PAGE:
According to two recent studies from Freedonia and Frost & Sullivan, food and beverage enzymes are worth around US$800m globally, split between dairy, beverage and bakery enzymes.
The market is growing at around 5 per cent a year, slightly higher than the growth rates seen for food ingredients in general. And certain areas, such as brewing enzymes (especially in China) are growing at an even faster rate, James Laughton of Danisco’s Genencor division told FoodNavigator.com.
Laughton, executive vice president of enzymes for food, beverage and animal nutrition, predicts that growth will continue – indeed, Danisco expects its food and beverage enzyme business to grow faster than the market, as new applications are rolled out of the coming years. “Internal target is double digit growth in the next two years,” he said.
He identified three main ways in which enzymes can meet the current pressing needs of industry. First and foremost is the use of processing aids to bring cost savings, a “door opener” for new customers.
“All products have to justify their value. The better that justification is, the easier it is to demonstrate value. That is why the market continues to grow.”
Secondly, food firms are under pressure to produce in a sustainable fashion, and enzymes as processing aids can boost food safety, quality, and shelf-life without the need for additives in the formulation.
The third big driver is uncovering health and nutrition benefits that can be brought about through use of enzymes. For example, certain enzymes can improve the quality of fibre in bakery or juice products,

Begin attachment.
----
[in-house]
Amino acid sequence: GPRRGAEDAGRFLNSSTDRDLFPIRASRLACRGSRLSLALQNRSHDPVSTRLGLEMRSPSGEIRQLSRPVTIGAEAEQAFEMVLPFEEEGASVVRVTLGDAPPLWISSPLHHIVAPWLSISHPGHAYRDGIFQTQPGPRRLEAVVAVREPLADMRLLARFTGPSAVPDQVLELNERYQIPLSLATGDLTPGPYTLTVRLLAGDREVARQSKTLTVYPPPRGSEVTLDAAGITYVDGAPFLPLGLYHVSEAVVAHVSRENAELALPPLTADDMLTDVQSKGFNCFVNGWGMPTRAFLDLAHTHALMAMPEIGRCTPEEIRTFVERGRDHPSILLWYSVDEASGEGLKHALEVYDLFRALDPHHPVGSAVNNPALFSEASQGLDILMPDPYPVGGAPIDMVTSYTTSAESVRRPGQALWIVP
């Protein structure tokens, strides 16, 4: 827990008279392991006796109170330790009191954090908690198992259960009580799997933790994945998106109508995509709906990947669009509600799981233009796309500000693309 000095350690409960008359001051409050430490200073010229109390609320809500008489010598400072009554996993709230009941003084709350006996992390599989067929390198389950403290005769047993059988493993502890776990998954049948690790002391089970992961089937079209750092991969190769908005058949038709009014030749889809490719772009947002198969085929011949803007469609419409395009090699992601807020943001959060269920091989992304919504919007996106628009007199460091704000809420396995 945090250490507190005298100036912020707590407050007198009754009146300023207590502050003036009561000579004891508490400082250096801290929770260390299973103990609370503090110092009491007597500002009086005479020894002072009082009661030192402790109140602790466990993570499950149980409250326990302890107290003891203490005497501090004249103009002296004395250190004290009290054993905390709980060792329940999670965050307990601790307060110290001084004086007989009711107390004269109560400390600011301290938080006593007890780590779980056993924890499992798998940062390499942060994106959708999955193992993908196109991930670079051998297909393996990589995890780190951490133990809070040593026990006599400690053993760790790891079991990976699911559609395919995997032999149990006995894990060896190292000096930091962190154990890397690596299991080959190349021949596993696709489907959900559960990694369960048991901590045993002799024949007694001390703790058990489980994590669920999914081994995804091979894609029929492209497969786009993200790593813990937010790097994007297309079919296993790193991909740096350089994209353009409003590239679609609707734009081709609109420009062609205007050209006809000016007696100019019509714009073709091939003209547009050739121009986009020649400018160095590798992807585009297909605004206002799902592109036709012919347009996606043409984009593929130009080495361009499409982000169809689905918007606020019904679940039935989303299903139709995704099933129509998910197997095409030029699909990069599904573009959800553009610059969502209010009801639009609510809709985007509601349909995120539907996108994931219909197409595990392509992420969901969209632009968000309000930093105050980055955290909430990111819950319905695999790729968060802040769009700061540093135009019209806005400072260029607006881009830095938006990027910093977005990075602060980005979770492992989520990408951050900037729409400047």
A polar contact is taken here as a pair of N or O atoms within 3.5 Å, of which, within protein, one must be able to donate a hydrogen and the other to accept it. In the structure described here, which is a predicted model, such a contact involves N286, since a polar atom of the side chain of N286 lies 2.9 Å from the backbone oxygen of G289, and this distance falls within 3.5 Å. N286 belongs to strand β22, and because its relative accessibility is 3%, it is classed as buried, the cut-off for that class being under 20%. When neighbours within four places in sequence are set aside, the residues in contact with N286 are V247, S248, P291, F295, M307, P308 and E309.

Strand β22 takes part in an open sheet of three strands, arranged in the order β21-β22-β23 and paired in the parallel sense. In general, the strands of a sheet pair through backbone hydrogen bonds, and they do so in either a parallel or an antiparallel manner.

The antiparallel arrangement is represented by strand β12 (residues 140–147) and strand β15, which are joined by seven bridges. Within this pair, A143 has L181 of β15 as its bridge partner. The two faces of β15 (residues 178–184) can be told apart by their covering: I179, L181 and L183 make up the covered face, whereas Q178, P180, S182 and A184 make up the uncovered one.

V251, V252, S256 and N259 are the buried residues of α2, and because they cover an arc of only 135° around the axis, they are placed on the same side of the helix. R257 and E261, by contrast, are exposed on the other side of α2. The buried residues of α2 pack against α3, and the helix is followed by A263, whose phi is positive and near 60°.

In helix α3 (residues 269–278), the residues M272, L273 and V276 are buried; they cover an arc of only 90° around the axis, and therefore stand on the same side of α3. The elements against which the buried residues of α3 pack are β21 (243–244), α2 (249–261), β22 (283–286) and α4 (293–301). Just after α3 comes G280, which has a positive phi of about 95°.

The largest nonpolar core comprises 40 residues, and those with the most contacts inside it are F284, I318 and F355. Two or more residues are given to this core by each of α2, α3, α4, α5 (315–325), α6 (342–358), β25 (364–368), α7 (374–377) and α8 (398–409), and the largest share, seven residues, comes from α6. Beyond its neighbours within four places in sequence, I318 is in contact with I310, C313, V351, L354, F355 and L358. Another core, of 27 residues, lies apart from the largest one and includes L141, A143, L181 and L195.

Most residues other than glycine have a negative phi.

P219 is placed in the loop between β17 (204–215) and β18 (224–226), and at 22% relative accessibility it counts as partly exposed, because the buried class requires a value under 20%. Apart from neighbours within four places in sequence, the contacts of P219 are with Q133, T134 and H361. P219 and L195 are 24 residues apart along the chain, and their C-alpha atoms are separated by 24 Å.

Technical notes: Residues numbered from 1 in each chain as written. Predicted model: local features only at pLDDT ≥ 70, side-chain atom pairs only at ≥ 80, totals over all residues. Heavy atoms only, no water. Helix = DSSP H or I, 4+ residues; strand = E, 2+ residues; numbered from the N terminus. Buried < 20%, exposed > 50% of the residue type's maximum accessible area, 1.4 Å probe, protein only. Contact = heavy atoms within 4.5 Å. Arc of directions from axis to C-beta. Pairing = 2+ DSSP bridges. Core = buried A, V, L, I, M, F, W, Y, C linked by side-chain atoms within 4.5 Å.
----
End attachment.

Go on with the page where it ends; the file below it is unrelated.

While Danisco does not have off-the-shelf enzymes geared towards this use, it works with bakers and formulators to deliver specialty results.
“We can use existing enzymes in this way,” Laughton said.
For Danisco the number one segment for enzymes is bakery, followed by beverages. Dairy enzymes through its cultures division; although this is external to Genencor, Danisco has one global sales force for food ingredients that offers the gamut of products from all divisions.
In addition to health and nutrition benefits, the main drivers for bakery are shelf-life extension and strengthening the dough quality.
For instance, its G4 amylase enzyme is being used to extend the traditional market for enzymes into different kinds of baked goods, like buns and tortillas. There is a strong need for buns that remain soft, and for tortillas that do not fall apart, said Laughton.
In beverages, productivity in brewing is paramount, due to high cereal prices. Brewing tends to be based on barley, and Danisco looks for new enzyme activities that can allow it to be replaced by other cereals when prices are high.
Genencor’s R&D is based around “using the basic technology of Genencor, and applying it to bring specific solutions, rather than a brand new enzyme”.
This means that it can continuously launch new formulations, but these do not represent a major technology shift each time.